Improvements in the scroll view implementation have eliminated most of the worry once associated with scroll view touches. A scroll view will interpret a drag or a pinch as a command to scroll or zoom, and any other gesture will fall through to the subviews; thus buttons and similar interface objects inside a scroll view work just fine.
You can even put a scroll view inside a scroll view, and this can be quite a useful thing to do, in contexts where you might not think of it at first. A WWDC 2010 presentation uses as an example Apple’s Photos app, where a single photo fills the screen: you can page-scroll from one photo to the next, and you can zoom the current photo with a pinch-out gesture. This, the presentation suggests, can be implemented with a scroll view inside a scroll view: the outer scroll view is for paging between images, and the inner scroll view contains the current image and is for zooming.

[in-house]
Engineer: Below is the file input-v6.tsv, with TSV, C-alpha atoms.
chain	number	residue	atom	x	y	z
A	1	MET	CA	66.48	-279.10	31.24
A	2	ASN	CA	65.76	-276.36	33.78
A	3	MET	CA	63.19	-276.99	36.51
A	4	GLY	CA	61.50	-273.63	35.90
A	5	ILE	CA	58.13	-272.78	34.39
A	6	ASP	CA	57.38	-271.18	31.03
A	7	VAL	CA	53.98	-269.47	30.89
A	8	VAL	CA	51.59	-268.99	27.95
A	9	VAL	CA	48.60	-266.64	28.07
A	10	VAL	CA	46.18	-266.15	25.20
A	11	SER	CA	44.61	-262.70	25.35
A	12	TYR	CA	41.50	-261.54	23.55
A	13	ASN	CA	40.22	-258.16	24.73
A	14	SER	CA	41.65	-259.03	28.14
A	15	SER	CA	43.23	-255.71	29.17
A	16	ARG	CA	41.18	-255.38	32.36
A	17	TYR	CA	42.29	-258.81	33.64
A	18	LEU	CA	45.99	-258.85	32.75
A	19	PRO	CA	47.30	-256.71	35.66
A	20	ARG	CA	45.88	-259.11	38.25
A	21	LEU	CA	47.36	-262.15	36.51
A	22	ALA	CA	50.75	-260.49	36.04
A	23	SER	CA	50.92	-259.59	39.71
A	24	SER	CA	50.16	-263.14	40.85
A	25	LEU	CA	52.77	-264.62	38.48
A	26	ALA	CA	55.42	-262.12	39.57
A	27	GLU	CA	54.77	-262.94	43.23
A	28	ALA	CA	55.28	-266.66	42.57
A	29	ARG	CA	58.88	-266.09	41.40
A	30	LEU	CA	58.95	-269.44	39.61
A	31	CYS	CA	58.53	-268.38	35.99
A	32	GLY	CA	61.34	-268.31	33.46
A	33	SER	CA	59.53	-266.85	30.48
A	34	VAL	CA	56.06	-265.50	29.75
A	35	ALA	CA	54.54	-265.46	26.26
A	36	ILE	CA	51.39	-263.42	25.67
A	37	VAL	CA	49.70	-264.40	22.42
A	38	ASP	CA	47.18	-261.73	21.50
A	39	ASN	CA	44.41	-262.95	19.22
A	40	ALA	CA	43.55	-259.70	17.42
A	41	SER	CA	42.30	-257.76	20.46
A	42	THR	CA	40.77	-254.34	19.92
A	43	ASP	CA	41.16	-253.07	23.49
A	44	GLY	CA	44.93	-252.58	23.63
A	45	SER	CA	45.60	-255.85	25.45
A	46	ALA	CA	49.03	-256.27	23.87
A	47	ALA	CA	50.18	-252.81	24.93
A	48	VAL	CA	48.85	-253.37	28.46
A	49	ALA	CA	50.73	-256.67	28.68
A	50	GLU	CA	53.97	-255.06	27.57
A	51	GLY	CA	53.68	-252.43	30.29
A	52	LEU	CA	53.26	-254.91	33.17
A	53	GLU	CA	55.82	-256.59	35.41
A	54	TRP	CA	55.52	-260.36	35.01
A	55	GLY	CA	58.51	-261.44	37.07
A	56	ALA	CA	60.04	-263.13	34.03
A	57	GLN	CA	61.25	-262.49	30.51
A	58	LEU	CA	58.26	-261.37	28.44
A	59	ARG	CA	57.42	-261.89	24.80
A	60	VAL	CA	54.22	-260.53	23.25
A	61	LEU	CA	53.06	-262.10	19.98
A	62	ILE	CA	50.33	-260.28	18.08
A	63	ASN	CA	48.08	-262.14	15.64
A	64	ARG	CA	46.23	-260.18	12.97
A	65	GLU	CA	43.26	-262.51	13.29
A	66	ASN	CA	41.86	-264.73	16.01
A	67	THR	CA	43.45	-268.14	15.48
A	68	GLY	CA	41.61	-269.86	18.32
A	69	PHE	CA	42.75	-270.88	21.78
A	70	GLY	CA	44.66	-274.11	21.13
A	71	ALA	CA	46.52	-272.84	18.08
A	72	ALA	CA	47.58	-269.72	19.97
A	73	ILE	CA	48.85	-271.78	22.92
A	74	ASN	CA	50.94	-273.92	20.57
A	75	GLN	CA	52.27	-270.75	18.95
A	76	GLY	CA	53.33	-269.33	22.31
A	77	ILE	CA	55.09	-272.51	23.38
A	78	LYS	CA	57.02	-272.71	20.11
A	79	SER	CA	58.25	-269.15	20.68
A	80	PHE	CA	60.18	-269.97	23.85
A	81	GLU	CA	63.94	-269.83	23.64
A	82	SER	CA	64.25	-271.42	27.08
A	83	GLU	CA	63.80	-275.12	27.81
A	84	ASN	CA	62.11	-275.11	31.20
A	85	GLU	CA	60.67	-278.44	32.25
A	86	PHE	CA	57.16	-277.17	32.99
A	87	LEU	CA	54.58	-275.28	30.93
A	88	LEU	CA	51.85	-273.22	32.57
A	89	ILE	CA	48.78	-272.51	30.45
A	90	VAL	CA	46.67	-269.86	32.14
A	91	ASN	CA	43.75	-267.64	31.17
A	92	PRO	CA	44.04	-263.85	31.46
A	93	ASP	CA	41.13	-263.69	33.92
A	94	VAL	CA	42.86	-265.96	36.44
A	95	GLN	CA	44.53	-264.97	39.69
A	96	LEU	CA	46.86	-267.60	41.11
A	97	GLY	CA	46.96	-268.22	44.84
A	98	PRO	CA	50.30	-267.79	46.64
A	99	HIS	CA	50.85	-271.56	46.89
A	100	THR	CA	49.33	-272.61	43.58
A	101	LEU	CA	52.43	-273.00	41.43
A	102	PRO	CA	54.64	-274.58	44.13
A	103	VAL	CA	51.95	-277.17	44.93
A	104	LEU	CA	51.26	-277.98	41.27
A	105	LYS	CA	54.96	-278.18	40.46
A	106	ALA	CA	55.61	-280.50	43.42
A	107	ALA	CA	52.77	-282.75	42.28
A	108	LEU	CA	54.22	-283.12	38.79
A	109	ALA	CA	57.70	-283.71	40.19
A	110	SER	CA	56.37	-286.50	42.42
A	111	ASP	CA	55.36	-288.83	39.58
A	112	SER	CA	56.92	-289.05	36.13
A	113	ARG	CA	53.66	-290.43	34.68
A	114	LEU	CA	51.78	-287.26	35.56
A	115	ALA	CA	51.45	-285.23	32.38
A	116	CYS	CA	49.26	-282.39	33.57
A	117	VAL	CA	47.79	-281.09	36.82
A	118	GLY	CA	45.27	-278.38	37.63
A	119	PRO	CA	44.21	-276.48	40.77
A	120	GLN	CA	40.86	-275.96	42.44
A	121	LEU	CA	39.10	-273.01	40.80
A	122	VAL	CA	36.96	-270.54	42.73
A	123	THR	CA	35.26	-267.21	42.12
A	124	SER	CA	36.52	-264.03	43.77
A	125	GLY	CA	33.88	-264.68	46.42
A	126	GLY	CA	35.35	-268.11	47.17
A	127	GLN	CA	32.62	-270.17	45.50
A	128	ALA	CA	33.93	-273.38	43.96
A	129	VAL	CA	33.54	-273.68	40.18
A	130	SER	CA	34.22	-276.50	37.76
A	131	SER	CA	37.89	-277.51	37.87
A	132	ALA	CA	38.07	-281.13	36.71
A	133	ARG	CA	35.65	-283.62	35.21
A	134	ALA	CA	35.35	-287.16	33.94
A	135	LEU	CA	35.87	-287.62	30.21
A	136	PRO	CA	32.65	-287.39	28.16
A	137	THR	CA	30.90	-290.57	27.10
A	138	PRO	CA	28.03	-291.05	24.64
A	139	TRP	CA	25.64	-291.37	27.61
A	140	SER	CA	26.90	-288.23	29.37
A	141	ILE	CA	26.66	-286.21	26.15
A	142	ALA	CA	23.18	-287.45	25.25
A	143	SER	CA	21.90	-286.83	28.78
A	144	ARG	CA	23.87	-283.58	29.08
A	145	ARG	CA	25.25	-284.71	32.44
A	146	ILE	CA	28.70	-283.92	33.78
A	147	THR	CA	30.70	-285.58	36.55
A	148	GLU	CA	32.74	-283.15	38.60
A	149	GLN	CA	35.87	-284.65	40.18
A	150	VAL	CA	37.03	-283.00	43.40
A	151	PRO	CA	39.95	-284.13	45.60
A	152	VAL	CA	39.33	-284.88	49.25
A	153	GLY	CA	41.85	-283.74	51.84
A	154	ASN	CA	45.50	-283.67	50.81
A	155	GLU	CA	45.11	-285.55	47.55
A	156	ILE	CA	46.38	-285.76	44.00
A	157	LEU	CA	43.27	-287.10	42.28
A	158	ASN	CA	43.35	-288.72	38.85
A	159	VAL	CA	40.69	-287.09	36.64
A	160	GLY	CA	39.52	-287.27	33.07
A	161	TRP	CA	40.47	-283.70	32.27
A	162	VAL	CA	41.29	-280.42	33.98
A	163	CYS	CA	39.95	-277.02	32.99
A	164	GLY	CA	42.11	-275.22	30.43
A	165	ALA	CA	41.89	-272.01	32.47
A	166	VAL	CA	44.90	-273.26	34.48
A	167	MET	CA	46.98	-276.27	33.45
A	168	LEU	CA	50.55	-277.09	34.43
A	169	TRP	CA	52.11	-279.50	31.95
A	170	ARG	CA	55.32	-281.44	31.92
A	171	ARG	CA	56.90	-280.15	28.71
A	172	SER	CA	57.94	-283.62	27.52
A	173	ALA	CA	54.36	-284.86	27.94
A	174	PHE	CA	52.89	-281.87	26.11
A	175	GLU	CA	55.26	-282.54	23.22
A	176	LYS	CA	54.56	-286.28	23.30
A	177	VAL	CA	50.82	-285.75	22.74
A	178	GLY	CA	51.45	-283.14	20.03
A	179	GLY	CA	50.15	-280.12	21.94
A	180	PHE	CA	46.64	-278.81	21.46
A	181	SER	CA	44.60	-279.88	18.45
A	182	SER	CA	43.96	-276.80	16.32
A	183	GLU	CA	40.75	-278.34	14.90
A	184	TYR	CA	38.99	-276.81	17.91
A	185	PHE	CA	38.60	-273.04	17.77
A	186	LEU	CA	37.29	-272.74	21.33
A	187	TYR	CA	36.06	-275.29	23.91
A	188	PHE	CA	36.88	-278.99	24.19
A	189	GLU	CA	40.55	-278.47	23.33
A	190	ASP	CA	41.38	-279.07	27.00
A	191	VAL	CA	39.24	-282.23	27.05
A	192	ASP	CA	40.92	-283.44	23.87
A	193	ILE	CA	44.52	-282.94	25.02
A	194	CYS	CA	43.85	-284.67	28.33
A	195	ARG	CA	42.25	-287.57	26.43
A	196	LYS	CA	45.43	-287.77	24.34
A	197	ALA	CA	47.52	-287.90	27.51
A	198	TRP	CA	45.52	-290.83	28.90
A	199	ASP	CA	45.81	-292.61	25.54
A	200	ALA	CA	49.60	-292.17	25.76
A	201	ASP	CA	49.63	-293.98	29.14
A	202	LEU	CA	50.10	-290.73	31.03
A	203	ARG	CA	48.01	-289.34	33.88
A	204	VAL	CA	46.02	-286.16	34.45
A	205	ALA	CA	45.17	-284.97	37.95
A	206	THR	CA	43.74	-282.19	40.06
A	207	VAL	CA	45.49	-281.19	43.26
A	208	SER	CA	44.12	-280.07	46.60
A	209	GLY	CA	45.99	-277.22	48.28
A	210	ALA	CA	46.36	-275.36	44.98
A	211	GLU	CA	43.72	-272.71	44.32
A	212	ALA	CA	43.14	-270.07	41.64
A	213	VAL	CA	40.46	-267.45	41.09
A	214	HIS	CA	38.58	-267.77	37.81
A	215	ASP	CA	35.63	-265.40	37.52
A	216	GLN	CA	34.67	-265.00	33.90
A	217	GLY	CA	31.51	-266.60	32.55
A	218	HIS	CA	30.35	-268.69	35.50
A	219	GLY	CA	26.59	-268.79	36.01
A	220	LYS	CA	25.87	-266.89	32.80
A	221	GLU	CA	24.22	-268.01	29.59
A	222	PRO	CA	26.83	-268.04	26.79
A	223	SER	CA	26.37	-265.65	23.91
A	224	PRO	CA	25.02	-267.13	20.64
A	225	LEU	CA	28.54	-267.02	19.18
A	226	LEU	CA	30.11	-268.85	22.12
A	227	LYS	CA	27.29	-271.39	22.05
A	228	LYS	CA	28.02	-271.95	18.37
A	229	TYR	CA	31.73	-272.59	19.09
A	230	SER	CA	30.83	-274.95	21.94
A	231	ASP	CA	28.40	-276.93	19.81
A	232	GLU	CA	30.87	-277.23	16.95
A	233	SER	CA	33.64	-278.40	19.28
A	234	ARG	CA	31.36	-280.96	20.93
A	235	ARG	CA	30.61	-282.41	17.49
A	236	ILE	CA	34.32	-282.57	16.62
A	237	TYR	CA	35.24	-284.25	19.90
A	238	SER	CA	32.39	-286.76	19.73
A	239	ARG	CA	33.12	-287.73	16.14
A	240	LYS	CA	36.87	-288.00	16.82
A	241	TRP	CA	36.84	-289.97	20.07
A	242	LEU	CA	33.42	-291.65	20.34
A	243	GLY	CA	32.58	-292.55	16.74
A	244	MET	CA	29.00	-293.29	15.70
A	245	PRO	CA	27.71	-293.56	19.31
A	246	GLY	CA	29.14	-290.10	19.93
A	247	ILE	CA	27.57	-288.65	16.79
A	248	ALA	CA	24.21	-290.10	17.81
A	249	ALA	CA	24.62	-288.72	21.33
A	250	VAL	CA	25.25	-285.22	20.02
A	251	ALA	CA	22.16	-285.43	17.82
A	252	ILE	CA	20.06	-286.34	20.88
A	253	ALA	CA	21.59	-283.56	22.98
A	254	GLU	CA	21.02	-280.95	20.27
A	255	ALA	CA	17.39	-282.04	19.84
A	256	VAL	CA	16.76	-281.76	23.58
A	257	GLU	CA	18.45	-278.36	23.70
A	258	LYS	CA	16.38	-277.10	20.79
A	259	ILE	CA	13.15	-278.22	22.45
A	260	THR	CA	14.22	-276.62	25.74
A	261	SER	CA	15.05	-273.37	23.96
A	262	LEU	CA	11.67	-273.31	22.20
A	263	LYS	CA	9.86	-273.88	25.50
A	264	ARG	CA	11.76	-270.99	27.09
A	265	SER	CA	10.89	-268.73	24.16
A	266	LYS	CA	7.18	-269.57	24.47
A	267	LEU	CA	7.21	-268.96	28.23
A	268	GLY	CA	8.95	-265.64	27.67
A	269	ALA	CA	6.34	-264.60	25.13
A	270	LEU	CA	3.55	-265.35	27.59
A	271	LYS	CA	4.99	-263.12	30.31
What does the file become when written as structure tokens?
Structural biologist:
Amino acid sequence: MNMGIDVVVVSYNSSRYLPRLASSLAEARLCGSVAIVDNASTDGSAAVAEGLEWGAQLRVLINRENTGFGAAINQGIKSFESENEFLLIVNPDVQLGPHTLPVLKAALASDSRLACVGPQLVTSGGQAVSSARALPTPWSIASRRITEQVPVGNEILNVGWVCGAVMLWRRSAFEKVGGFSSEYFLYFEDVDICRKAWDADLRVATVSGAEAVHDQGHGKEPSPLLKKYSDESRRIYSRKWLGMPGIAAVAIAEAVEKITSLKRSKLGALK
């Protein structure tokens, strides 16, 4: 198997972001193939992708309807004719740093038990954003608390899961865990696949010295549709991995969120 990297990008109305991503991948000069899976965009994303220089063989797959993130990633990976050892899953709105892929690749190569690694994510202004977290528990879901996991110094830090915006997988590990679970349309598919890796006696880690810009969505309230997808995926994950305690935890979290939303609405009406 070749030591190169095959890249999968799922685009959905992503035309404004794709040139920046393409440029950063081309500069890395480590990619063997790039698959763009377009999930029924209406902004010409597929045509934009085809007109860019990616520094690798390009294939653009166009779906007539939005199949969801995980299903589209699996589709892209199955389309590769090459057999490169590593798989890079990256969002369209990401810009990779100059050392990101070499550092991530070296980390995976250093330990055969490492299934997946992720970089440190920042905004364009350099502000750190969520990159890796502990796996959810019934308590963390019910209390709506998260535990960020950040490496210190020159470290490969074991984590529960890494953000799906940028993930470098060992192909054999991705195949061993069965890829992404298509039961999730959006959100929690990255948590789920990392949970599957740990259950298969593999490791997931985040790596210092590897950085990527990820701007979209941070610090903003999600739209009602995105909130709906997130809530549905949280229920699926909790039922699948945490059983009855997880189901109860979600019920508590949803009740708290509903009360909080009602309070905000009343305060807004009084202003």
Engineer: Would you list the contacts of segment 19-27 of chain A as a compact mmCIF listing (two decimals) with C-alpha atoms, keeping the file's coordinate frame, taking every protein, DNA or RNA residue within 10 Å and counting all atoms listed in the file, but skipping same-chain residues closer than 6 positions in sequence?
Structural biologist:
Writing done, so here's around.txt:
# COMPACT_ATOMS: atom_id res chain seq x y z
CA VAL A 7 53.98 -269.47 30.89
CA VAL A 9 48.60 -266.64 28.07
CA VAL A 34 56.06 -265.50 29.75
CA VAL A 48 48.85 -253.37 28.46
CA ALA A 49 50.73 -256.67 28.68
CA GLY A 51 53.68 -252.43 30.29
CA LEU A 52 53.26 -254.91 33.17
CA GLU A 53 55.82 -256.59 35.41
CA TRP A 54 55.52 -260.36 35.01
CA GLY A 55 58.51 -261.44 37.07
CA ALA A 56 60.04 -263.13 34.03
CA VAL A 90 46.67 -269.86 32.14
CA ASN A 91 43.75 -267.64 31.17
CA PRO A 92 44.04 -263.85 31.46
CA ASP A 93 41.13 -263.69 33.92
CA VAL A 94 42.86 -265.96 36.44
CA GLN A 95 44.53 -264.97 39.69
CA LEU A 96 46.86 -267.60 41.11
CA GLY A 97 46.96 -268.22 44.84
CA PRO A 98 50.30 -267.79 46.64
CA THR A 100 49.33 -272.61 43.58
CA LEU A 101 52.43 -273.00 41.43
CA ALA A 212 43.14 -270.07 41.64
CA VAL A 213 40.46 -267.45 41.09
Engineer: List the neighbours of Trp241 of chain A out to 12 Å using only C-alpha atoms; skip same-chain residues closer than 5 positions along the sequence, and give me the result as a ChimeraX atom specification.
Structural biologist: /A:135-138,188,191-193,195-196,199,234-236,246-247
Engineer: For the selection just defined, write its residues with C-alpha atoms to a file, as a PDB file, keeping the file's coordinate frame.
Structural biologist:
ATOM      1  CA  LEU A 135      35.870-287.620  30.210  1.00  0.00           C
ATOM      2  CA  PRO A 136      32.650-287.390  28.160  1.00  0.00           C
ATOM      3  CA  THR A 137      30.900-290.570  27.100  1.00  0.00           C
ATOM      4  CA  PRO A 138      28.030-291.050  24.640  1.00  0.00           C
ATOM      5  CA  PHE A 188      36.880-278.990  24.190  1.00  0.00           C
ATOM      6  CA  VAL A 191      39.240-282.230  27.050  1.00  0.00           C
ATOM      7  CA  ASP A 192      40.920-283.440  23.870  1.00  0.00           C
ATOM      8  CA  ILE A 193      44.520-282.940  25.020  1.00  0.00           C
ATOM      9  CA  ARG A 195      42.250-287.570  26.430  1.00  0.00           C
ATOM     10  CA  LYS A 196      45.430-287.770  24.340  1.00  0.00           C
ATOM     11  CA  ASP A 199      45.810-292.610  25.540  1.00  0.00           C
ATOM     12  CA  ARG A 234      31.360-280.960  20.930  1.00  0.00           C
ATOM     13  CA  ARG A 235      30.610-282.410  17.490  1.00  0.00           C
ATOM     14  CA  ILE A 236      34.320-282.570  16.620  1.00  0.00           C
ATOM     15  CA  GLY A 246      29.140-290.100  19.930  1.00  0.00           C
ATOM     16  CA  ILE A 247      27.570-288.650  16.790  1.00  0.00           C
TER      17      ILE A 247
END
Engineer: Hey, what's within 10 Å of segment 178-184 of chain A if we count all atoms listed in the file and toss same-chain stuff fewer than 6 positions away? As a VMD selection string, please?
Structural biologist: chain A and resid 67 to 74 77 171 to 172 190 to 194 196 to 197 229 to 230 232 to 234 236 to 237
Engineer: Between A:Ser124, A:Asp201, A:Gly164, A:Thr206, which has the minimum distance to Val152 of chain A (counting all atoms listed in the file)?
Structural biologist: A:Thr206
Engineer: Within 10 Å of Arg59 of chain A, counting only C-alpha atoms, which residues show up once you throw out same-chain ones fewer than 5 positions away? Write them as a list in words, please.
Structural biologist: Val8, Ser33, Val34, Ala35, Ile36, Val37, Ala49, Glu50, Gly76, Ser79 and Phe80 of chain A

Gesture recognizers (Chapter 18) have also greatly simplified the task of adding custom gestures to a scroll view. For instance, some older code in Apple’s documentation, showing how to implement a double-tap to zoom in and a two-finger tap to zoom out, uses old-fashioned touch handling, but this is no longer necessary. Simply attach to your scroll view’s scalable subview any gesture recognizers for these sorts of gesture, and they will mediate automatically among the possibilities.
In the past, making something inside a scroll view draggable required setting ...